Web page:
• Impoverished, segregated isolated , and disfranchised, they made easy targets;
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  • Futrell, who believed that anything beyond an eighth grade education should be reserved for the privileged few, set about enacting his campaign pledge:

When Harry Hopkins, director of FERA, threatened to cease funding all federal programs in Arkansas, including the farm program of the Agricultural Adjustment Administration AAAsomething close to the hearts of the politically powerful eastern Arkansas planters, Futrell ultimately called for the repeal of prohibition so liquor sales could be taxed.

He also supported the legalization of gambling, which provided for the opening of a dog track in West Memphis Crittenden County and a horse-racing track in Hot Springs Garland Countyboth of which would be subject to taxation. He later endorsed a tax on retail sales. The school funding problem had been solved, at least for a time.

Transportation Improved transportation was another effort to modernize the state that nearly collapsed in the face of the Great Depression.

The construction of roads had always been the province of local governments, and this had worked reasonably well until the advent of the automobile, which demanded the seeds of failure in american race relations in the 19th century much more comprehensive system of roads and the construction of roads that would tolerate automobile traffic.

The state complicated the situation by passing a law in 1907 that allowed counties to create road improvement districts, sell bonds to pay for the construction of the roads, and then tax the citizens who were to benefit.

This seemed like a logical way to proceed, but in fact, it led to the problem of poorly coordinated and unsupervised construction. Acting without supervision or coordination, many counties constructed roads that were inadequate or simply ended at the county line. Still, the state attempted to adapt to the evolving situation, requiring automobile drivers to purchase licenses in 1911 and creating a state highway commission in 1913.

The commission, however, had little control over the widely scattered road improvement districts, and the passage of the Alexander Road Improvement law in 1913 further intensified the localized nature of road construction. Although the state was able to qualify for federal aid to roads in 1917, by 1921, the road system was in such disarray that its ability to qualify for matching funds in a federal roads program was in question.

In order to participate in the program, the state needed to abolish the road improvement districts and centralize road construction in the Arkansas Department of Transportation. When the legislature balked, federal funds were withdrawn, and the improvement districts faced bankruptcy. Only then did the legislature pass the Harrelson Road Act in October 1923, giving the highway commission supervisory responsibility.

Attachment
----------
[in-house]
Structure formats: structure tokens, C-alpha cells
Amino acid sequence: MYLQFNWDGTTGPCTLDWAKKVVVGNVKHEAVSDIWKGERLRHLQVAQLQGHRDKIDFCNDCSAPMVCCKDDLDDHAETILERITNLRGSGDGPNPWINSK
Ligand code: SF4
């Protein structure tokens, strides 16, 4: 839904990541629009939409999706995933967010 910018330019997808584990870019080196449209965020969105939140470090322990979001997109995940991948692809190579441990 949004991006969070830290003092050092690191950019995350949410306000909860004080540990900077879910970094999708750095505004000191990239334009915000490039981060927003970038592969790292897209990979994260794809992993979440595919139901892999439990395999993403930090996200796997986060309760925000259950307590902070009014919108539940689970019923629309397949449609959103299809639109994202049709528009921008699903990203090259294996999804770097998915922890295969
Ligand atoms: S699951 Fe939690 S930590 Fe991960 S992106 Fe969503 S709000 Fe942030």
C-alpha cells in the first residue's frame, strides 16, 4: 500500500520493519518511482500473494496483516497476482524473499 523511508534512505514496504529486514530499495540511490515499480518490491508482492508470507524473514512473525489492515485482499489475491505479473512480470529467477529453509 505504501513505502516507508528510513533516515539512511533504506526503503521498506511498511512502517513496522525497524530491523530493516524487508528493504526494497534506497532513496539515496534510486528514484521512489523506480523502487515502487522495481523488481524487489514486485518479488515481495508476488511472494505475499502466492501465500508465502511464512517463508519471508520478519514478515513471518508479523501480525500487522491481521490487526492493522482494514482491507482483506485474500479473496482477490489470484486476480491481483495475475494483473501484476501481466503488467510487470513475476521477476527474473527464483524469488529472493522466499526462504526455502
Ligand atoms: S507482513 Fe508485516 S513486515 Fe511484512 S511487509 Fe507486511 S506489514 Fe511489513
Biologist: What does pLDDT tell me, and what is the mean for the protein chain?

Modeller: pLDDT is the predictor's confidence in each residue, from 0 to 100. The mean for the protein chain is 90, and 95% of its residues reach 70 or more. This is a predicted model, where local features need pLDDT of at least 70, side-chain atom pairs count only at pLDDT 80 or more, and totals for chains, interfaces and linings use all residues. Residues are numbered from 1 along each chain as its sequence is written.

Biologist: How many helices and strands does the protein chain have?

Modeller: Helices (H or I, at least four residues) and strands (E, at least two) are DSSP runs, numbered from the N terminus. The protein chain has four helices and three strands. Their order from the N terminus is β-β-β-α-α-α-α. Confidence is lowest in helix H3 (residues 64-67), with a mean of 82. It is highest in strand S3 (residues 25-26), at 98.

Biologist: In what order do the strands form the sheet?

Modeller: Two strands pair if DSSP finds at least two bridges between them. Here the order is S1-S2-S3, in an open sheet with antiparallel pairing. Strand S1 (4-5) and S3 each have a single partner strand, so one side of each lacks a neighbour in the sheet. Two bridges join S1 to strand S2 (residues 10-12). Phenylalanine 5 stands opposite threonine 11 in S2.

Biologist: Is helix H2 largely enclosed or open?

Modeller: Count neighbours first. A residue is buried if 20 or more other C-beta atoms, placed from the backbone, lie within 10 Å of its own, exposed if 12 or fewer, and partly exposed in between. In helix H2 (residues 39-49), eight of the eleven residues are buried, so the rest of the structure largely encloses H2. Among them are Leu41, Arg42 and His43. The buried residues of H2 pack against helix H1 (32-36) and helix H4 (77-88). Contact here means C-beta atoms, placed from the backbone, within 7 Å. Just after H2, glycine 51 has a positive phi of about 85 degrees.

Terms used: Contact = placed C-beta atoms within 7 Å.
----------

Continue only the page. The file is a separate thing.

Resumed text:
However, the separate road districts continued to exist, and the commission exercised little significant influence. By 1927, the county road districts were either bankrupt or close to it. Martineau secured legislation that allowed the state to assume the debts and responsibilities of the road improvement districts and launched the Martineau Road Plan, an ambitious state highway construction program.

  • The Klan had broadened its list of targets in this twentieth-century reincarnation, however, and included Jews , Catholics , foreigners, and bootleggers;
  • Even notorious repression of dissent against the war became a part of the Arkansas experience when an attempt to arrest draft evaders in Cleburne County led to an armed confrontation in 1918 in what is known as the Cleburne County Draft War.

Marion Futrell devised a strategy for refunding the highway debt. To consolidate all the highway debts into one, he called a special session in 1934 and pushed his Highway Refunding Act through.

The highway debt problem had been temporarily solved.

The seeds of failure in american race relations in the 19th century

Although it was not the sector of the economy that New South advocates of the late nineteenth century championed, it was the one that expanded most dramatically in the twentieth century.

In fact, most of the limited expansion in the manufacturing sector came as a result of the processing of agricultural or timber products. From apple orchards in the northwest to the cotton plantations of the Delta, agriculture fed the manufacturing sector. The orchard industry in the state, however, fell victim to a blight in the 1920s, and the cotton economy nearly crumbled under the burden of a precipitous decline in cotton prices following World War I.

As historian Carl Moneyhon suggests, the most significant problem was that too many people were trying to make a living on too few farms. Between 1900 and 1930, the number of farmers in Arkansas increased from 178,694 to 242,334, while the acres in farms actually decreased slightly, from 16,636,719 in 1900 to 16,052,962 in 1930.

This statewide total masked a trend occurring in the Delta, where an expansion of the plantation system was transforming the landscape. With the advent of railroads in the late nineteenth century and the emergence of the lumber industry in many previously overlooked Delta counties, the plantation system supplanted forests and swamps. During a period when the number of farmers had increased significantly, the number of farm owners remained almost steady, from 84,138 in 1900 to 85,842 in 1940.